Book Review: The First Wave by James R. Benn

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I bought this eBook.

My rat­ing for The First Wave — 4

"The First Wave" by James R. Benn is sec­ond book in the fic­tional Billy Boyle series.  In the Billy Boyle book (review) we meet the young Boston cop who has been enlisted as a spe­cial inves­ti­ga­tor to his uncle in Wash­ing­ton dur­ing WWII.  Only that his uncle is Ike, and he takes Billy with him overseas.


While the first book in the series I con­sid­ered historical-fiction, this book is more of a crime story which hap­pens dur­ing war time. The his­tory is there, but it there are far too many lib­er­ties taken with time-line and the story-line does not deal with any spe­cific occur­rences (such as Oper­a­tion Jupiter from the last book).

The author did make this clear at the end notes, oth­er­wise my rat­ing would dropped.That being said, I like the fact that the sto­ries revolve around lit­tle known events of World War II instead of the big ones we all learned about.

In "The First Wave" Billy has matured, he has seen dev­as­ta­tion, revenge, back­stab­bing and some more of the acts men do in war time.  Much like Billy, so has Mr. Benn's nar­ra­tive matured.  The book is still an easy read and fast paced , but is more darker in sto­ry­line as well as tone.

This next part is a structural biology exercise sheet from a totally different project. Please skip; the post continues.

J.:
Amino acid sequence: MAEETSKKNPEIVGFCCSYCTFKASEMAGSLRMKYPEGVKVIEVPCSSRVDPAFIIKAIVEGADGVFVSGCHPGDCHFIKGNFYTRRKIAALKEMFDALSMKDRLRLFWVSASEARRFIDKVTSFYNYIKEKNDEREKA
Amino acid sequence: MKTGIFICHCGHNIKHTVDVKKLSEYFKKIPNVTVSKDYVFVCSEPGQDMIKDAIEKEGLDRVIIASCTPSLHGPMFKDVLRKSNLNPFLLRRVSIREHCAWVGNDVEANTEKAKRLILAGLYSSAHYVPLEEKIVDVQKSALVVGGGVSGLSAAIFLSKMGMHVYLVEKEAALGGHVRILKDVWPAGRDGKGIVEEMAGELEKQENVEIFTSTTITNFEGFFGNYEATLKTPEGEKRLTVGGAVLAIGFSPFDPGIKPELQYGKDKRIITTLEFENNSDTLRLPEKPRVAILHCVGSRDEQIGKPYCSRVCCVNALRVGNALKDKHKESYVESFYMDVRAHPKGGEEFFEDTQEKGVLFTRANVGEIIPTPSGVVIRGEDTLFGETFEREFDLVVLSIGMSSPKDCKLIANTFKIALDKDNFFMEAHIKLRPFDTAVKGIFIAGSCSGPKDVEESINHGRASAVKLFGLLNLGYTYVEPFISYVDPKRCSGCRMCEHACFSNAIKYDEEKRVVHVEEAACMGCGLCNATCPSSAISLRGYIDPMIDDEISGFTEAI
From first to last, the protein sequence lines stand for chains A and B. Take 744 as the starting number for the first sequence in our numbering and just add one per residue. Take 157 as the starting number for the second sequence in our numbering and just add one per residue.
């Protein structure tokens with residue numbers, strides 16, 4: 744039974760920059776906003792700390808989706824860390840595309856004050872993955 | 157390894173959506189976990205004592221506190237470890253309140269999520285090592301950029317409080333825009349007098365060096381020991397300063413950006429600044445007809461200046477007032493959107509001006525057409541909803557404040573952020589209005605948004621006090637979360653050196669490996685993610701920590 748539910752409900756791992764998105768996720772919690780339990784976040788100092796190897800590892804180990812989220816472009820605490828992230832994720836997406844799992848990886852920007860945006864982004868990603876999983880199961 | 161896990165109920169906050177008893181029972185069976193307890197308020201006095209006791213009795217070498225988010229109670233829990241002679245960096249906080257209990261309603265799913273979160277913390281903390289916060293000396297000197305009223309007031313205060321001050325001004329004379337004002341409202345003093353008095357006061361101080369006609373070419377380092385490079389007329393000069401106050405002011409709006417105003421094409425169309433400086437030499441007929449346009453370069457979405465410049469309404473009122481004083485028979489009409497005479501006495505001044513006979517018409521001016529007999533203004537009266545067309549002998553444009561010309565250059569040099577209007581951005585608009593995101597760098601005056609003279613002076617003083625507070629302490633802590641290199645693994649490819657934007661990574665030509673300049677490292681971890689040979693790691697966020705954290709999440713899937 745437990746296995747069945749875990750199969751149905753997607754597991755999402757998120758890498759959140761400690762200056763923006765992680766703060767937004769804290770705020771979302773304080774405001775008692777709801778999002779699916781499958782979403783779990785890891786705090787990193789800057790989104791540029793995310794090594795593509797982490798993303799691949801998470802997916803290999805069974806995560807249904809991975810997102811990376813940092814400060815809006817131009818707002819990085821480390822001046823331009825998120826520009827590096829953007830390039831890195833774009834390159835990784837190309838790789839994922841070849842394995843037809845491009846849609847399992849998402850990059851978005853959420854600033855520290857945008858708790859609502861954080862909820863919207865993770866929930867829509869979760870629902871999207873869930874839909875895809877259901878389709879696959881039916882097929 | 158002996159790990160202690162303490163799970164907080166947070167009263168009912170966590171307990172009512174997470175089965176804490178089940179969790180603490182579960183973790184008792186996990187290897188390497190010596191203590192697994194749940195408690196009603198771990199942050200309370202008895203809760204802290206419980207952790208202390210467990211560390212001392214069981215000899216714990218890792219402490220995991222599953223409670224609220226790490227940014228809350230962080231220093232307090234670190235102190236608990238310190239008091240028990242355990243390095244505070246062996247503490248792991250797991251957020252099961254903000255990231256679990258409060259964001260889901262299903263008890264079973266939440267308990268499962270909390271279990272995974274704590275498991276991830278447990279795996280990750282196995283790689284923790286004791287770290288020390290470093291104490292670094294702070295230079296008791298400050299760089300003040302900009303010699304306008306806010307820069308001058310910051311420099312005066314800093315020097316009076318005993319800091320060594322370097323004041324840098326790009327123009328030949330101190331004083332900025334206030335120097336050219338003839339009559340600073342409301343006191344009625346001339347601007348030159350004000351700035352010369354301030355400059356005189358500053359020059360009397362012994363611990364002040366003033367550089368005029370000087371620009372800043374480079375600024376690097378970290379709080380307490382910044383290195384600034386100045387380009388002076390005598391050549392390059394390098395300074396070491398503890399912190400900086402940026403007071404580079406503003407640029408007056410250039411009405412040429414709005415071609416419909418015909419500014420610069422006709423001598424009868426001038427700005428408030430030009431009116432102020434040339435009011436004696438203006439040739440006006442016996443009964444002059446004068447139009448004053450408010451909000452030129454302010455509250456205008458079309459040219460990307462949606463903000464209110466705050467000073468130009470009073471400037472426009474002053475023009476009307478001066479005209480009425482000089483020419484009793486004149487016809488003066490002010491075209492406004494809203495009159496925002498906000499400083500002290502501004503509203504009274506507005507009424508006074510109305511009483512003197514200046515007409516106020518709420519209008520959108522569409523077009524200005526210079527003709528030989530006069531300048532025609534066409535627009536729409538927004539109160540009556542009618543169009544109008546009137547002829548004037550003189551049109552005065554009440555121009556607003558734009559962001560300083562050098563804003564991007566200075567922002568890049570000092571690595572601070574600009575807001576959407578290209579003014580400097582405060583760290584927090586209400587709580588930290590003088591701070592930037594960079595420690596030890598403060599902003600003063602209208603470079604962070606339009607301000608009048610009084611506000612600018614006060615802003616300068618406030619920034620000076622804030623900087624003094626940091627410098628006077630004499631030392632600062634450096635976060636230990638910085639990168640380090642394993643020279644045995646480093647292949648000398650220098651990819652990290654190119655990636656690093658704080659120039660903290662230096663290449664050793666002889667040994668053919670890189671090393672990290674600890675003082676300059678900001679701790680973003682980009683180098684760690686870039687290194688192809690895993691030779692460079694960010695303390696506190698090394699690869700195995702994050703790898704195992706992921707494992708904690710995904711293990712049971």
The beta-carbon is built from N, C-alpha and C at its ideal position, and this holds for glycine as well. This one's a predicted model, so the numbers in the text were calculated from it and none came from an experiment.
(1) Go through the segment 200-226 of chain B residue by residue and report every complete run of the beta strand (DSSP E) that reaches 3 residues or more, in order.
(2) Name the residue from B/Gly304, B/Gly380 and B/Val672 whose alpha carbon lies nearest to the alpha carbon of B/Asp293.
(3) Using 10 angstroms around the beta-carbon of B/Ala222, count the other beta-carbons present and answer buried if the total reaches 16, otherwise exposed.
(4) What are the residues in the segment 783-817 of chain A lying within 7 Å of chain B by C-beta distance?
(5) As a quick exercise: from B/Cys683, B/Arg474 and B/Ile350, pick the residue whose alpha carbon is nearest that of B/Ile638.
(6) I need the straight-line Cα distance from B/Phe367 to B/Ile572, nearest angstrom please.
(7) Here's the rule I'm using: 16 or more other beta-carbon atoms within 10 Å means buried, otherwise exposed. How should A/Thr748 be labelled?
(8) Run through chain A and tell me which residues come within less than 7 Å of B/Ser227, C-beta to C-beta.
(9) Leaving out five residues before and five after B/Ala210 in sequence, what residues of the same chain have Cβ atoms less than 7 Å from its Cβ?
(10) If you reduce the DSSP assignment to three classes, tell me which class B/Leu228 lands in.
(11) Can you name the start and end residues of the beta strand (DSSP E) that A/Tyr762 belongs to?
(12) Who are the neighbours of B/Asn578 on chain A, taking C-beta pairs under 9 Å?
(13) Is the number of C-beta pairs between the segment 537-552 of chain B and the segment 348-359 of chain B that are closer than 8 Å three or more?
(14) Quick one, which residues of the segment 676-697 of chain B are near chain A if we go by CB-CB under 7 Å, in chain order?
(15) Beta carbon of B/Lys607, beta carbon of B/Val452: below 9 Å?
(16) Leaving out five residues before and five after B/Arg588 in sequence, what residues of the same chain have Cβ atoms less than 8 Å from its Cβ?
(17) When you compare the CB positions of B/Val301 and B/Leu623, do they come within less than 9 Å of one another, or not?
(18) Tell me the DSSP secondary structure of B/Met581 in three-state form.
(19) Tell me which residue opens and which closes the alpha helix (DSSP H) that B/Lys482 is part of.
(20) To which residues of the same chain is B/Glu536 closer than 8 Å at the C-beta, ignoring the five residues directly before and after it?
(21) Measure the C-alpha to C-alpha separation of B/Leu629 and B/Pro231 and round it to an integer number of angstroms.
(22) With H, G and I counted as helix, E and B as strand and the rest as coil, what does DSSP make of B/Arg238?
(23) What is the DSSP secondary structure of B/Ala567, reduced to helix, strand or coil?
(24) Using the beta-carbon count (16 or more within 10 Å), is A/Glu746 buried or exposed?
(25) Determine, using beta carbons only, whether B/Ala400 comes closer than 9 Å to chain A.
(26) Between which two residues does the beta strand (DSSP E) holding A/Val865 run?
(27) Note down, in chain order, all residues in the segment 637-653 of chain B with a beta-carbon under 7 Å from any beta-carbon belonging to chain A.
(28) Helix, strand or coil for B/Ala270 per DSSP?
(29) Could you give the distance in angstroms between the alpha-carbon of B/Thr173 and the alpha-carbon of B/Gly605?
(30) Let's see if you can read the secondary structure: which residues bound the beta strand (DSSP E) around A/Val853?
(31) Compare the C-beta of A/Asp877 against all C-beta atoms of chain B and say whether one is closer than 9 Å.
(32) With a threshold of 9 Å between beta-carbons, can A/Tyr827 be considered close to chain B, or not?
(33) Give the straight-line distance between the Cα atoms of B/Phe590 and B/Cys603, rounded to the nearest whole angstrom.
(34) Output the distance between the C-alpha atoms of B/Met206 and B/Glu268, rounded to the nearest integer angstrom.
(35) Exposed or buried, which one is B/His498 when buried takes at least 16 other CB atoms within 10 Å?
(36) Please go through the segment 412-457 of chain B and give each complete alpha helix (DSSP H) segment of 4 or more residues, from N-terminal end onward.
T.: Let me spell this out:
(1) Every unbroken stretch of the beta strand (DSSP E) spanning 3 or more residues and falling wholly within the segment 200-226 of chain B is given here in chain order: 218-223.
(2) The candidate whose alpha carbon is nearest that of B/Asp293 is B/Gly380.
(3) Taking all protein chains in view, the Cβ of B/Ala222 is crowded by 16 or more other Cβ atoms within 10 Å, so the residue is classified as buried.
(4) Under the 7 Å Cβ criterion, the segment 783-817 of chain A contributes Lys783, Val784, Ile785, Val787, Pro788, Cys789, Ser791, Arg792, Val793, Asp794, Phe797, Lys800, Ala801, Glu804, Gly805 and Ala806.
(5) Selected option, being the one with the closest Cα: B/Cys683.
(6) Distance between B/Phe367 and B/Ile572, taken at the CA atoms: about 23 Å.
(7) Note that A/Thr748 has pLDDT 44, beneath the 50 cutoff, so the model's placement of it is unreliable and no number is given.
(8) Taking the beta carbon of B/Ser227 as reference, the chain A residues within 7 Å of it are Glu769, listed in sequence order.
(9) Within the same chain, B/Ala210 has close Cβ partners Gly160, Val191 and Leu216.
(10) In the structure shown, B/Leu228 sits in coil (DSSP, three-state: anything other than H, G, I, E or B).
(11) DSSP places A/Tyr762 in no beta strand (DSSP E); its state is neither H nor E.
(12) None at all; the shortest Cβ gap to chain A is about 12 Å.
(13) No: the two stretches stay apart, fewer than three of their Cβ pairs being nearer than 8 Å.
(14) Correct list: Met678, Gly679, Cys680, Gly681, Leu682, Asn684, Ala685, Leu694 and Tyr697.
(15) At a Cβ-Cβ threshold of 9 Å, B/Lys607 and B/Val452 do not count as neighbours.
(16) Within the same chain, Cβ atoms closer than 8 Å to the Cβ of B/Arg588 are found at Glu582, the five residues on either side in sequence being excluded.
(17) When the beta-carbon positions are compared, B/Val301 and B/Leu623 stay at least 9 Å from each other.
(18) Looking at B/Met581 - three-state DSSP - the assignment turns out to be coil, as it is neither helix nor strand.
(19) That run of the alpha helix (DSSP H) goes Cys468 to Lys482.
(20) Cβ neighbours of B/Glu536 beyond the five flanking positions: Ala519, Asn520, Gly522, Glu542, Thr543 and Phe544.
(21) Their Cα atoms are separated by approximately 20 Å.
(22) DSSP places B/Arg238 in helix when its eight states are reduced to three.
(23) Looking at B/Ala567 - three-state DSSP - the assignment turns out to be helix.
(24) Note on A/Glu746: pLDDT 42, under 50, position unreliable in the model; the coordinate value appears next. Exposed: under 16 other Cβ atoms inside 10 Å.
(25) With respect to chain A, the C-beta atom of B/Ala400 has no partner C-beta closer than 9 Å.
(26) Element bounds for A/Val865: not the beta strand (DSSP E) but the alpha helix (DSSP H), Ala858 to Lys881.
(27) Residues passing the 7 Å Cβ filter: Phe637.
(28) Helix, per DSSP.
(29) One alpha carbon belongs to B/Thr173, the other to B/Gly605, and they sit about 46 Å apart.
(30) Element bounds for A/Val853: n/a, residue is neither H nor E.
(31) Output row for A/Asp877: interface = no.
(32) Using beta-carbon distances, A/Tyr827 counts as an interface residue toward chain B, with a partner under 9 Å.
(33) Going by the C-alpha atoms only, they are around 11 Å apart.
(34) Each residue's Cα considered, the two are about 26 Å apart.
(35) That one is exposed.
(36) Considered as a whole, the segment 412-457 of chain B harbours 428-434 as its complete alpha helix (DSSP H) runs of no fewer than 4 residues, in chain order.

The com­pet­ing Vichy (that's the French gov­ern­ment the Nazi's installed) inter­ested are out­lined by Mr. Benn are very inter­est­ing. Those inter­ests shows how com­pli­cated and some­what unre­al­is­tic were the hopes of the Allies that they would be greeted as lib­er­a­tors (we were not).

The book also cen­ters around two other main sub­ject, while not as excit­ing as mur­der & may­hem are no less impor­tant and in my opin­ion even more.  The first is Pfizer's abil­ity to mass pro­duce peni­cillin.  The sec­ond is the impor­tant role of the U.S. Army Nurse Corps. It was very inspir­ing to read a book which hon­ors those women who despite hold­ing a "Rel­a­tive Rank" (mean­ing they didn't have to be saluted to) and get­ting 50% less than their male coun­ter­parts, still vol­un­teered in droves to serve in com­bat zones.

The char­ac­ters from the first book are being assem­bled, this time in Alge­ria, get­ting ready for the Allied forces to take over, hop­ing the French won't put up a fight (they did).    Sta­tions in a mil­i­tary hos­pi­tal, Boyle dis­cov­ers that a drug smug­gling ring involv­ing many high rank­ing Vichy offi­cials is oper­at­ing with aid from some­one who is knowl­edge­able about top secret data.
Mix the smug­gling up with a coup, mur­ders and a kid­nap­ping and you got the mak­ing of an inter­est­ing story.

Billy not only has to uncover the cor­rup­tion which has become the norm, but also be sen­si­tive as to not screw up Eisenhower's noto­ri­ous "deal with Dar­lan" — the fas­cist, anti­se­mitic high­est rank­ing leader of the  French Vichy government.

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